CLEVELAND — During the time of the Underground Railroad, Cleveland went by another name for those seeking freedom. It was called Station Hope.
Saturday, June 27th, that history and what we our society faces today will be explored by local artists, thanks to the Cleveland Public Theatre.
The annual festival, Station Hope, celebrates Cleveland’s rich history in the abolition movement, through music, spoken work and dance. It also reflects today’s current climate and the long way our community needs to travel to freedom.
“I think that that focus, and that clarity makes this year’s Station Hope poignant and needed as much as ever,” said Raymond Bobgan, the Executive Artistic Director of Cleveland Public Theatre.
This year, Station Hope is virtual. The livestream is Saturday, June 27th on Cleveland Public Theatre’s Facebook, Twitter and YouTube pages from 5 to 10pm. It is broadcasted from St. John’s Episcopal Church, Cleveland’s first authenticated Underground Railroad site. And will tackle topics of racism, police brutally and gun violence. The 5-hour format will allow the audience to check in and out when they want.
“Some of the things we are going to be talking about are going to be traumatic for some people and they need that time to breathe. For some of us, we need time to process and reflect on how we might have been complaisant, how we have been complaisant,” said Bobgan.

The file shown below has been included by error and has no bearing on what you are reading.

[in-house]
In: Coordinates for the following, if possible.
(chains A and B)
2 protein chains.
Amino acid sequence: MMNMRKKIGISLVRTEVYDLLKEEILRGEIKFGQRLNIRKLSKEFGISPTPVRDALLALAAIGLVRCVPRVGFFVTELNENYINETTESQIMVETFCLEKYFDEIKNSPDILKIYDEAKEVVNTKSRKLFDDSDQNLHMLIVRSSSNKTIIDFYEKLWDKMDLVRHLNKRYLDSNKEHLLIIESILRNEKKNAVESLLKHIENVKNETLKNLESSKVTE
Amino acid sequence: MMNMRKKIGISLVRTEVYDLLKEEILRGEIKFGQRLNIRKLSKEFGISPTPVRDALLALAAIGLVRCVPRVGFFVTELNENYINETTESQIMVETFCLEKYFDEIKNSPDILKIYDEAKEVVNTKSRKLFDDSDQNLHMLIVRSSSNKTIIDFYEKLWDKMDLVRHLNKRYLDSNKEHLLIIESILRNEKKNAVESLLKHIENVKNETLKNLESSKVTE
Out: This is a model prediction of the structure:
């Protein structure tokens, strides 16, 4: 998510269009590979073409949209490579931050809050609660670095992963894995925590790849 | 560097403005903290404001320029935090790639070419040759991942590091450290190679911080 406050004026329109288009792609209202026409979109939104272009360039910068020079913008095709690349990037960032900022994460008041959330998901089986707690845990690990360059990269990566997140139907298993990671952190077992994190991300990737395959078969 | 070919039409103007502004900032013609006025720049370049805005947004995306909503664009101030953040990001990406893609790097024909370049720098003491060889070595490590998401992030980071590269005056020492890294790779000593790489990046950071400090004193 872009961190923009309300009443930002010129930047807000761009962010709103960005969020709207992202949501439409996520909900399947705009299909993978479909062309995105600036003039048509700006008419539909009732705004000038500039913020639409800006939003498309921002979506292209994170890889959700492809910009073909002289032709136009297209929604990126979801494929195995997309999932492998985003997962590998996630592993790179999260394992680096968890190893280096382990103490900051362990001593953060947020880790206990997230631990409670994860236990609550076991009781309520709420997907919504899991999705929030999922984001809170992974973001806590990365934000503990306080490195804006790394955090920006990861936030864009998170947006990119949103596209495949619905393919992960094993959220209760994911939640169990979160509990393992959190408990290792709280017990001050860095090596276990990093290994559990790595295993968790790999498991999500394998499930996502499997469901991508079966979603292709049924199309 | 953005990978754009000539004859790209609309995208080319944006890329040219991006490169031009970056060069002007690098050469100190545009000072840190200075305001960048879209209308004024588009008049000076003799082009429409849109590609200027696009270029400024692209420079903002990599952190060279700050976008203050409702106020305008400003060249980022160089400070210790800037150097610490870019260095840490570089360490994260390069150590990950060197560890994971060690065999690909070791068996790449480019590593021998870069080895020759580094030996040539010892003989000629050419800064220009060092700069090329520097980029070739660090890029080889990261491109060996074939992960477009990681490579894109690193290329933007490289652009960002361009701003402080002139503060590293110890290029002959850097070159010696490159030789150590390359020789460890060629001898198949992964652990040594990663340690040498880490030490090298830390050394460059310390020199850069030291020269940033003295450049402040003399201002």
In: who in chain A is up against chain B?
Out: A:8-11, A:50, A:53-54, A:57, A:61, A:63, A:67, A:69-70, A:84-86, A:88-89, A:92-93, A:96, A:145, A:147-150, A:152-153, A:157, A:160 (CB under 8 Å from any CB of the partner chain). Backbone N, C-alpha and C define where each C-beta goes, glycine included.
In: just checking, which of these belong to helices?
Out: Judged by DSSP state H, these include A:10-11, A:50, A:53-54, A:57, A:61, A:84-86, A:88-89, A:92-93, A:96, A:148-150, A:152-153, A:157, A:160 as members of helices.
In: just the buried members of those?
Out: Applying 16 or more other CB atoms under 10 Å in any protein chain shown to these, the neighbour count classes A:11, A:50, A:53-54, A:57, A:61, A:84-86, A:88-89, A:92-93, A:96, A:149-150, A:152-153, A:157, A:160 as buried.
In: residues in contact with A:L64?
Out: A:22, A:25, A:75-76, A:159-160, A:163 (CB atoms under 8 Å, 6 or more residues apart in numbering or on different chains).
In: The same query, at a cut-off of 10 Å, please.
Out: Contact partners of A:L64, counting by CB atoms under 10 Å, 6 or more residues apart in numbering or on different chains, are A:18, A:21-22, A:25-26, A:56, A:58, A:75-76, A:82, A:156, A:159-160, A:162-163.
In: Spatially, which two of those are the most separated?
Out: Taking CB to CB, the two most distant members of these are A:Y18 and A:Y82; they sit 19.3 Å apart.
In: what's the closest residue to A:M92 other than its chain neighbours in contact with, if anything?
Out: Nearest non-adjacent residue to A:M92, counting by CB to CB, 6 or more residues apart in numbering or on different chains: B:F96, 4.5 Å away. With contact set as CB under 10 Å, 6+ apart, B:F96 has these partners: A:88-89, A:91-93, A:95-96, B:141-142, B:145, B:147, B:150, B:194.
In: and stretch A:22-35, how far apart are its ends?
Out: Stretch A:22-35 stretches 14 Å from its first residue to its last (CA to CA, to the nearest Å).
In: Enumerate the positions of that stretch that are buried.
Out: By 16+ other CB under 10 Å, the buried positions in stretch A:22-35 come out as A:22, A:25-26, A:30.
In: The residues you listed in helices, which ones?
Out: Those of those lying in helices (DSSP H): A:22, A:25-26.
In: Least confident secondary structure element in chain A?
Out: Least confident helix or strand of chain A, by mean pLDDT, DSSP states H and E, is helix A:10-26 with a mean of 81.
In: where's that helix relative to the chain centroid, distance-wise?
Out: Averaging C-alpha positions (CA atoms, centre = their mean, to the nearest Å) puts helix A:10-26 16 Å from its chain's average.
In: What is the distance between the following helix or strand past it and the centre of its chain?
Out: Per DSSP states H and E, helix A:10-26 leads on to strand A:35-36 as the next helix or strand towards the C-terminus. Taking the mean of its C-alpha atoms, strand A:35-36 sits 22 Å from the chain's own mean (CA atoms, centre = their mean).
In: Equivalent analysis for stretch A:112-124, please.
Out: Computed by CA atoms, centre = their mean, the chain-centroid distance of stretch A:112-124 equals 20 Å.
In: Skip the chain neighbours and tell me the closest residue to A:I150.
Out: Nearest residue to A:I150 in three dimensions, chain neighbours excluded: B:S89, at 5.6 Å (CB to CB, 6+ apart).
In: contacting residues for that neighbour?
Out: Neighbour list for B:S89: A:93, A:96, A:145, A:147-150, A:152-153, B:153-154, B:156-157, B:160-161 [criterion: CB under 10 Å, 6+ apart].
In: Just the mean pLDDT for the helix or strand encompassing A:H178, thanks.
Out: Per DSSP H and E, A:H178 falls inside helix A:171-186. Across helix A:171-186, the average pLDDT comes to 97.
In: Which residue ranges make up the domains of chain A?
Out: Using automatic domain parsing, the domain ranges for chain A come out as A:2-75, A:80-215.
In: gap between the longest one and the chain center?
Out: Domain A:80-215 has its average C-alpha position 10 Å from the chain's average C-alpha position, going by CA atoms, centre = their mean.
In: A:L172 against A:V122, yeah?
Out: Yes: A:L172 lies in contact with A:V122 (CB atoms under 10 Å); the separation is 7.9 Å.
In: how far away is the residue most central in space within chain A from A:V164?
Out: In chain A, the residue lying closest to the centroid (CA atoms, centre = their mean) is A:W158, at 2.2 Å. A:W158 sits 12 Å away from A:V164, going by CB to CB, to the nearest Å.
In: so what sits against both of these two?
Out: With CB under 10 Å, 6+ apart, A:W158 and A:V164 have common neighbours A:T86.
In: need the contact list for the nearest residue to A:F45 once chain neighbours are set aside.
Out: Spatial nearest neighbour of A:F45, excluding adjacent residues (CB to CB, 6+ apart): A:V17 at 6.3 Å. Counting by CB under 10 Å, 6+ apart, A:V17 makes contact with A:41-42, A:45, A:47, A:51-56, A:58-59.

150 artists, from 30 local organizations, all had to adapt their art from the stage to the screen, most performing from home.
“What we have seen is artists again and again innovate and finding ways to communicate something that normally would be in person,” Bobgan remarked.
Djapo Cultural Arts Institute will provide the closing performance called “Art as a Weapon." The group preserves the art of Africa through dance, drums and poetry.
“Using all of those things as an outlet from all the trauma we have experienced so that we can continue to heal and have hope,” said Talise Campbell, the Artistic Director of Djapo Cultural Arts Institute.
Though we can’t gather in person, Bobgan hopes the virtual Station Hope will continue the conversation for change.
“This is something else, this is something more personal and more vulnerable,” Bobgan stated.
“It’s going to be a change agent for what we hope to see in the future with art, with music and with dance,” said Campbell.
Cleveland Public Theatre
WKYC is a proud media sponsor of Station Hope.
NOTE: Images used in this story are from 2019's event.